When a patient first visits their doctor with symptoms, the doctor will consider many different possible causes. Often, one of the first steps in the diagnosis is a chest X-ray. If the patient has pleural mesothelioma, this may show the tumor, or it may show an area of pleural thickening or a pleural effusion—fluid buildup around the lungs. However, the specific type of tumor won’t be evident from the X-ray.
Additional imaging studies, such as a computerized tomography (CT) scan, are often used next. A CT scan is more detailed than an X-ray and can show the precise location of the tumor. In some cases, other imaging studies, such as an MRI or a PET scan, are also performed to locate the cancer and determine how far it has spread.
The definitive diagnosis of pleural mesothelioma can be established only by a biopsy, which involves taking out a small piece of the tumor. The sample is sent to a pathologist, who looks at the cells under a microscope and tests them to determine whether they’re cancer cells and, if so, what type.
For patients with malignant pleural mesothelioma, there are a few different ways to obtain a biopsy sample.
Blood tests known as immunochemistry are sometimes used to confirm the diagnosis. These tests look for particular proteins in the blood in order to distinguish different types of cancer from each other.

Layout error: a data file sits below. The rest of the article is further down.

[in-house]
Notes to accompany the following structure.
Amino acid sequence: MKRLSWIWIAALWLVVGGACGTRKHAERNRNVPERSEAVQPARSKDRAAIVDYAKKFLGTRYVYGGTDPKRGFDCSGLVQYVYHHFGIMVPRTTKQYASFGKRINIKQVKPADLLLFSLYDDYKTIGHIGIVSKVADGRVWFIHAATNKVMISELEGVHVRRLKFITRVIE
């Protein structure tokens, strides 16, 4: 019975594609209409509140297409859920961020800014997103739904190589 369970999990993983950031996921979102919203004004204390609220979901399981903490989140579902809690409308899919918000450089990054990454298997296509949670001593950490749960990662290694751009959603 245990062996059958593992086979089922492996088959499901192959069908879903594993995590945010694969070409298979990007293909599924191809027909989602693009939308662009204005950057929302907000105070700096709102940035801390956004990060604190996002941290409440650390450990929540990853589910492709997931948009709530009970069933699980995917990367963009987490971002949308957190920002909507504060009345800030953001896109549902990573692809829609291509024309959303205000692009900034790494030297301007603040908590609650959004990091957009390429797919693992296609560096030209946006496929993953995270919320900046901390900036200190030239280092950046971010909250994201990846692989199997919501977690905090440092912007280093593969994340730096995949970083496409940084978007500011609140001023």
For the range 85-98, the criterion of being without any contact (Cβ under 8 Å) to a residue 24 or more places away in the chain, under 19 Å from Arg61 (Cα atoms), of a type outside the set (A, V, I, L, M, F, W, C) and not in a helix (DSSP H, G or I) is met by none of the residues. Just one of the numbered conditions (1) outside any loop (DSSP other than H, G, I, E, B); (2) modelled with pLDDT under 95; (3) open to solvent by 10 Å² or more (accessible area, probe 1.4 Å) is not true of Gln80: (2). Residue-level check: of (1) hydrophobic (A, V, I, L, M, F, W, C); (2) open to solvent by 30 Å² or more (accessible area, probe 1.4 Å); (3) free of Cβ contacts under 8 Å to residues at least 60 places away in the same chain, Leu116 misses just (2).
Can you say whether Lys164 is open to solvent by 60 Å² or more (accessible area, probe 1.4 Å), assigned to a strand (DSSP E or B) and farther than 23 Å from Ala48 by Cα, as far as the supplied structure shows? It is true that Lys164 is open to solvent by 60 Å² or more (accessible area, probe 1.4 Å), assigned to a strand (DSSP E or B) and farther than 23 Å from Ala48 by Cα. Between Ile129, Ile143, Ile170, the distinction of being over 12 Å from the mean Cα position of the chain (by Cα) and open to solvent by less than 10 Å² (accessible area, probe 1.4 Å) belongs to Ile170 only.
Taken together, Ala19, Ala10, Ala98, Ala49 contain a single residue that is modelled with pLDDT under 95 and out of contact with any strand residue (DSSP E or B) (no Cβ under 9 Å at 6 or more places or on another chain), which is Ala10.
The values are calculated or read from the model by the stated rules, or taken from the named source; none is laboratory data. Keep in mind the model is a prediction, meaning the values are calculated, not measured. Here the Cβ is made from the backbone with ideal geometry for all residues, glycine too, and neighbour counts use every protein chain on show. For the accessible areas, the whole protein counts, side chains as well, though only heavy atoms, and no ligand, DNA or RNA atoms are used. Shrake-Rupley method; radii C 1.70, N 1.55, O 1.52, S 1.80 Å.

Pleural Mesothelioma Cell Types
The histology or cell type of mesothelioma is an important prognostic factor and makes a significant difference in a patient’s treatment options. The three cell types are:
Malignant Pleural Mesothelioma Stages
The stage of a cancer refers to how advanced the disease is and is reported as a number from one to four. For malignant pleural mesothelioma, there’s an official system called the TNM staging system for determining the stage.
Mesothelioma is localized to the pleura.
Unfortunately, many cases of pleural mesothelioma are diagnosed in their later stages. This is because the cancer is fairly aggressive, and the diagnosis is challenging.
Pleural Mesothelioma Life Expectancy
Long-term remission from malignant pleural mesothelioma is unfortunately rare, and malignant pleural mesothelioma is generally considered to be an incurable cancer. Treatments may extend a person’s life but are unlikely to eliminate the cancer entirely. It’s hoped that new treatments will lead to a better prognosis.
Malignant pleural mesothelioma life expectancy is not high for most patients. Without any treatment, a pleural mesothelioma patient can be expected to live an average of six months following diagnosis.
Treatment can extend this time, but life expectancy is limited. Studies have shown median survival rates of about 15 to 22 months, depending on the stage of the cancer at the time of diagnosis. Only 12% of malignant pleural mesothelioma cancer patients survive for five years.
Treatment of Pleural Mesothelioma
The treatment plan for a malignant pleural mesothelioma patient depends on factors including stage and cell type. Most patients receive multimodality therapy, which means using multiple types of treatments.
The management of malignant pleural mesothelioma often involves specialists in various fields, including medical oncology, thoracic surgery and radiation oncology. Many pleural mesothelioma patients are treated at a cancer center to have access to all of the care that they need.
In early stages, doctors may use aggressive treatment to try to eliminate the cancer. In later stages, treatment is often focused on palliative care, which is aimed at improving quality of life rather than longevity.